The tourism industry in Hong Kong has flourished in the 15 years since the city reverted to Chinese control, fuelled by enthusiastic development and a massive influx of visitors from across the border.
While shopping and eating remain the preferred pastimes for the majority of tourists who come to the city -- and there were a record 41.9 million of them in 2011 -- there have been some major attractions added to the scene since 1997.
Here's a look at the ones which have created the biggest noise -- not always for the right reasons, too.
Golden Bauhinia Square & Special Flag Raising Ceremony: This is where it all happened, as on July 1, 1997, Chinese took control of Hong Kong after the British had been in charge since 1842. The "Forever Blooming Bauhinia" Sculpture (or the Golden Bauhinia) was a gift from the Central Government to the people of Hong Kong and has proved a hit with mainland Chinese tourists and tour groups ever since that historic day.
Hong Kong Disneyland: It's small, in terms of theme parks, and questions have long been raised about just how much the Hong Kong government had to put in to lure Mickey Mouse and his mates to town. But the kids love it -- and attendances keep on rising (a record 5.9 million in 2011) since its opening in 2005.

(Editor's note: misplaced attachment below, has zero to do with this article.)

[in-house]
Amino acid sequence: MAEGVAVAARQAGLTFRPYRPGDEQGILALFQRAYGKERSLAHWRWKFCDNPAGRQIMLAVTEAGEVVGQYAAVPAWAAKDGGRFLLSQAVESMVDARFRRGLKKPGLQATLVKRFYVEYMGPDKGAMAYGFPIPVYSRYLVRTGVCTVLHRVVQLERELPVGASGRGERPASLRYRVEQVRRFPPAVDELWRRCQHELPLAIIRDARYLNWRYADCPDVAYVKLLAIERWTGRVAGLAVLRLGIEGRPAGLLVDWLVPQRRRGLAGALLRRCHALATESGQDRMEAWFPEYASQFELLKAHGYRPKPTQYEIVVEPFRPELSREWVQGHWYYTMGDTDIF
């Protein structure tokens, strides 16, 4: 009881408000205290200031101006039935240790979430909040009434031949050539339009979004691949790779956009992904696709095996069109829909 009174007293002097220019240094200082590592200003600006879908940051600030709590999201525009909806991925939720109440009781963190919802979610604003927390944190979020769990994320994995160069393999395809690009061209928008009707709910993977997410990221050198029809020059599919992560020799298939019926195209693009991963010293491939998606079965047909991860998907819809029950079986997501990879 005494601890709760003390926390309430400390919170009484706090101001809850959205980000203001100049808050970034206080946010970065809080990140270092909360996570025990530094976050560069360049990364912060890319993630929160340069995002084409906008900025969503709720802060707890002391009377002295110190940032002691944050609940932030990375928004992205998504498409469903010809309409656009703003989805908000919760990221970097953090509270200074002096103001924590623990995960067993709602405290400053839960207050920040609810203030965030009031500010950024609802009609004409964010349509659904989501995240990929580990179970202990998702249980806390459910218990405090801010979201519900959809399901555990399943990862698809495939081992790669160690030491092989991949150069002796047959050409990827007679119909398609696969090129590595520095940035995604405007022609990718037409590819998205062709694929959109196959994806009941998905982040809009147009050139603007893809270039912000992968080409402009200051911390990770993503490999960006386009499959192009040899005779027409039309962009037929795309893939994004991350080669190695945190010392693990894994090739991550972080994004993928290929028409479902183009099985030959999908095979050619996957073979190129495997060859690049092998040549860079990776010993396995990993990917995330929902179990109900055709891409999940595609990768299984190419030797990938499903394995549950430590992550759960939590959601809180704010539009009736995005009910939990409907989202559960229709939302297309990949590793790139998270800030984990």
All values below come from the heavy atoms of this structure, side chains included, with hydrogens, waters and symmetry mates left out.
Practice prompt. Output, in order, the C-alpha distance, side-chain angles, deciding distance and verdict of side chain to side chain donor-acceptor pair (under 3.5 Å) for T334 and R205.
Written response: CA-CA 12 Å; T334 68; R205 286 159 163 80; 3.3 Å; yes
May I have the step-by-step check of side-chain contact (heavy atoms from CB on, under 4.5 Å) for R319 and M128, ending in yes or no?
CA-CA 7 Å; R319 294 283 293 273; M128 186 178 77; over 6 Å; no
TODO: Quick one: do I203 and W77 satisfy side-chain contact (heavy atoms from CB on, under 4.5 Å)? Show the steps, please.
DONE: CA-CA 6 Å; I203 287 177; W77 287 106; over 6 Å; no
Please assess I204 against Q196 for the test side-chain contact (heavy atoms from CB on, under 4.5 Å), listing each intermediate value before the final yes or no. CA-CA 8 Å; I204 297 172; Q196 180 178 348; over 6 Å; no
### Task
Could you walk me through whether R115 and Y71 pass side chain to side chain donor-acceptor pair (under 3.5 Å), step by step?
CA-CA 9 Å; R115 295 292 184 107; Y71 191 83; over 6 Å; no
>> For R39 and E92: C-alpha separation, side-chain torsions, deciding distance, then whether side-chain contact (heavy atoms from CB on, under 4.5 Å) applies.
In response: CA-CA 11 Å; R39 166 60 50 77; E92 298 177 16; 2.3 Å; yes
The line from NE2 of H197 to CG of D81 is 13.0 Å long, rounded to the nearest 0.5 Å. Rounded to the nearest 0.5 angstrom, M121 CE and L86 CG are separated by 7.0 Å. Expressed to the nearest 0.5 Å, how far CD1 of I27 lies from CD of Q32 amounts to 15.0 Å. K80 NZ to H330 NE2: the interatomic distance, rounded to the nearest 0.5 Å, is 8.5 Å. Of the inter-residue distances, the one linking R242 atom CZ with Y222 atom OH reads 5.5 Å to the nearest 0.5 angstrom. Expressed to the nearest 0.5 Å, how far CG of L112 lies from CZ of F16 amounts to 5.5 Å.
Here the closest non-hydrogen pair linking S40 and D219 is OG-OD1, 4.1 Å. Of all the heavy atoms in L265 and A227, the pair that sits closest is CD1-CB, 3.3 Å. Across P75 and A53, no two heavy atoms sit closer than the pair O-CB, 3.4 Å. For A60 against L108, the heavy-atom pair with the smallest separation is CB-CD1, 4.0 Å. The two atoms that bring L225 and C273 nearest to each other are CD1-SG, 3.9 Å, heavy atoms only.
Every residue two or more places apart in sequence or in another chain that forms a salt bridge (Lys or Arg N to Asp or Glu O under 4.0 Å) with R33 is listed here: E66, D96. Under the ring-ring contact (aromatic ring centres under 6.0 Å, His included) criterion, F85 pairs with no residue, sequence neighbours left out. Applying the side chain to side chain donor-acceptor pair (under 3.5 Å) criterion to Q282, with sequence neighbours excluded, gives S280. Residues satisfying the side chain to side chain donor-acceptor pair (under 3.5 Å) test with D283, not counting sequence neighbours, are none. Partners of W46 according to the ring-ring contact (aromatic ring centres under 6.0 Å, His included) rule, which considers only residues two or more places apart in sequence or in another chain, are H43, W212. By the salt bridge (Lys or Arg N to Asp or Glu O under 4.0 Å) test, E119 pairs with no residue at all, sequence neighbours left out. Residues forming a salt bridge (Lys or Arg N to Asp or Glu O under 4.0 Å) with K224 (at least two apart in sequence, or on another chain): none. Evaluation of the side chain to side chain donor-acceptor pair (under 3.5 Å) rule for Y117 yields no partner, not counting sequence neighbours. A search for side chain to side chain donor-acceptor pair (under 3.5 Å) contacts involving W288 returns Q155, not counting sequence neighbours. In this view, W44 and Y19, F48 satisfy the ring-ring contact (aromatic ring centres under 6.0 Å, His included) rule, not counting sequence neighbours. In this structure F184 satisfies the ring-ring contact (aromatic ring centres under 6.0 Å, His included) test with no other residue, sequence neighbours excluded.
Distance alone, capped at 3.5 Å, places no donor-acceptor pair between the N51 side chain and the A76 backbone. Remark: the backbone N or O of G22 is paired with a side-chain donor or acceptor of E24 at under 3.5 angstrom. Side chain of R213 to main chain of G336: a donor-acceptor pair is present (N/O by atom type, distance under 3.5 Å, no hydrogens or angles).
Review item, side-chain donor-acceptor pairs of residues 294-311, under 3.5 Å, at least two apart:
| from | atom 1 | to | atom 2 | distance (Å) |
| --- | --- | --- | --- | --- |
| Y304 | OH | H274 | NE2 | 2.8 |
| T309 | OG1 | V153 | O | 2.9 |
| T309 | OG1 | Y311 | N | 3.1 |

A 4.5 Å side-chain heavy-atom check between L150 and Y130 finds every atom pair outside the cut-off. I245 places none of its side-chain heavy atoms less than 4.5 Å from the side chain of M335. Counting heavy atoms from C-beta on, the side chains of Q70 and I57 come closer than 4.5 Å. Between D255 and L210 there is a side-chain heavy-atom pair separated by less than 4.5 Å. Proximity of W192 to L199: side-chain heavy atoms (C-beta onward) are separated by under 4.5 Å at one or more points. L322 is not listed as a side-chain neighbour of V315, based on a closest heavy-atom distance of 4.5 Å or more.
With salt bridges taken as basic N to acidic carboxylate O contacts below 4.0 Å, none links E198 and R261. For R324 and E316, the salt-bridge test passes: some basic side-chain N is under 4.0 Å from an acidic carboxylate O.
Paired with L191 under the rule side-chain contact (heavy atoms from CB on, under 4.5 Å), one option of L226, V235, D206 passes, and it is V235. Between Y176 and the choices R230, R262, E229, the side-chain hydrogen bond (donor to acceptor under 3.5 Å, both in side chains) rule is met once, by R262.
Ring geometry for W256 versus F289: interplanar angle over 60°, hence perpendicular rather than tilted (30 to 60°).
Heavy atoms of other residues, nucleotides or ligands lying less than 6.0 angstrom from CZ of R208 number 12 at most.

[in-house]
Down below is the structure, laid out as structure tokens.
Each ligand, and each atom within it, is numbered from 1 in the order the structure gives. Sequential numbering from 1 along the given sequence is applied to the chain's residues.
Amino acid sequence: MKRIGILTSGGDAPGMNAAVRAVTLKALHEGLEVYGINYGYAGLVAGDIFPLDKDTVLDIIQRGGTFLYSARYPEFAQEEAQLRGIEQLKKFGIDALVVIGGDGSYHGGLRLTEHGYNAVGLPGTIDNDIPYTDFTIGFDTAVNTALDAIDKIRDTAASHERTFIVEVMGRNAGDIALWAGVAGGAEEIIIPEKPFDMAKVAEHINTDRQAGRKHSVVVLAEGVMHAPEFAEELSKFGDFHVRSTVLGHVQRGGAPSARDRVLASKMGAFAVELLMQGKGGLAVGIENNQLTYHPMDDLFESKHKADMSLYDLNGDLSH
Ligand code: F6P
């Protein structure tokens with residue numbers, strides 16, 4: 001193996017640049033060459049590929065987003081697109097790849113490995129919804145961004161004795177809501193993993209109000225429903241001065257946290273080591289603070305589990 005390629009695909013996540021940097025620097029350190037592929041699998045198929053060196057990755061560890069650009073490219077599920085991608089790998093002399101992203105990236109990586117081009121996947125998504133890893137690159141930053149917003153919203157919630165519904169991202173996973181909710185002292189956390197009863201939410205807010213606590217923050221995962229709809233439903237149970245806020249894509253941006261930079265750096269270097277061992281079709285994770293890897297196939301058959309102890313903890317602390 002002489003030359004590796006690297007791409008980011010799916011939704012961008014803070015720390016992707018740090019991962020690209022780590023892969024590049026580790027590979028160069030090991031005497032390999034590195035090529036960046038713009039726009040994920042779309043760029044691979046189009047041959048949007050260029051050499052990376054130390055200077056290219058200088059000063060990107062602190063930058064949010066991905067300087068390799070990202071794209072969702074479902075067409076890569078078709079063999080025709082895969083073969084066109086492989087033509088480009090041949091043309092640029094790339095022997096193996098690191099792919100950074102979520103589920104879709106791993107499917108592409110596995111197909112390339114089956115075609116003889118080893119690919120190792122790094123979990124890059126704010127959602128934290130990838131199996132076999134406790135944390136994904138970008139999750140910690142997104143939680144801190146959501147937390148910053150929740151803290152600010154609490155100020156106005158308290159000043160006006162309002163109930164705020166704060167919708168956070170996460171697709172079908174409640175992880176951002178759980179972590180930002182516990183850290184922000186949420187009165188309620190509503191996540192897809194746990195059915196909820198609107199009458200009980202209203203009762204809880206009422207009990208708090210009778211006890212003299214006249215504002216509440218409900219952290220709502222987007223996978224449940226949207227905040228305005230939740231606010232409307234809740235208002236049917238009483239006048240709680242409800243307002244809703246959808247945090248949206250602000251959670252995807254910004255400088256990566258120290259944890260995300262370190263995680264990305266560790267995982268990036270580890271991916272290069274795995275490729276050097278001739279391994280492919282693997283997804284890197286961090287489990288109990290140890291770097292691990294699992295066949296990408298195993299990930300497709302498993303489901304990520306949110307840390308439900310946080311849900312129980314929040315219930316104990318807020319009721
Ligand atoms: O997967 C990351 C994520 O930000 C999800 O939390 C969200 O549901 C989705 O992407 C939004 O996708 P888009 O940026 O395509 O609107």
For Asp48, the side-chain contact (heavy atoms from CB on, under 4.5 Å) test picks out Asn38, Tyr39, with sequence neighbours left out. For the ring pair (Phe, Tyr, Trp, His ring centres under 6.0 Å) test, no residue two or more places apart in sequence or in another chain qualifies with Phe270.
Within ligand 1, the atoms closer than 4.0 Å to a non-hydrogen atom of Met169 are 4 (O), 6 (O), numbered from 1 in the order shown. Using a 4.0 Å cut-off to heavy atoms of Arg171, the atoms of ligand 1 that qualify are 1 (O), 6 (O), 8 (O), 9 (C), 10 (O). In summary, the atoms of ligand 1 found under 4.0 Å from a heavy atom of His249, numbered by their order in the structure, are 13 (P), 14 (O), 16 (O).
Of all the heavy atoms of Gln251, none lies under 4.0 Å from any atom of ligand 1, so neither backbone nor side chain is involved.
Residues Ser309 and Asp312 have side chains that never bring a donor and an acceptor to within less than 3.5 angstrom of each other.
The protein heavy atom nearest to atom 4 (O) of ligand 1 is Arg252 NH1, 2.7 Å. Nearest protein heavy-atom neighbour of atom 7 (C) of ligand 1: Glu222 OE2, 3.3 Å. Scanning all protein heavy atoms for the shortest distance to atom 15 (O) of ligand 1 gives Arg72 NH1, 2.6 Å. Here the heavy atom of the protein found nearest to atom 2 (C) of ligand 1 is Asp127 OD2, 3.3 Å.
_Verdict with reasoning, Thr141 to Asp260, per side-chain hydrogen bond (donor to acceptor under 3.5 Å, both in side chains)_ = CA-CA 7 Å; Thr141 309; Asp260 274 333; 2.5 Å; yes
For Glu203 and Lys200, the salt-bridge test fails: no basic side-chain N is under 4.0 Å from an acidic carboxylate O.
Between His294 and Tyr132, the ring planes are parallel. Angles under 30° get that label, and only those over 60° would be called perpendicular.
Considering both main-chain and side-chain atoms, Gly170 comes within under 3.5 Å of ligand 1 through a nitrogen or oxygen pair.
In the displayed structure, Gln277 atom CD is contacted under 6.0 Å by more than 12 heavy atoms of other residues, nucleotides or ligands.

1881 Heritage: What once was the Marine Police headquarters was controversially turned into a high-end hotel and a shopping mall that opened in 2009. And while the merits of the latter have been debated, it's a great place to sit over a cold drink as the sun sets.
Ngong Ping 360: A spectacular way to make your way to the Big Buddha on Lantau island as the cable car climbs high over the mountains. A few operational hiccups seem not to have deterred the thrill-seeking masses since its grand opening in 2006.
Sky100 Hong Kong Observation Deck: The best view in town since its opening in 2011 -- and it's utterly breathtaking day or night (depending on the pollution). It's situated on the 100th floor of the city's tallest building -- the International Commerce Centre (ICC).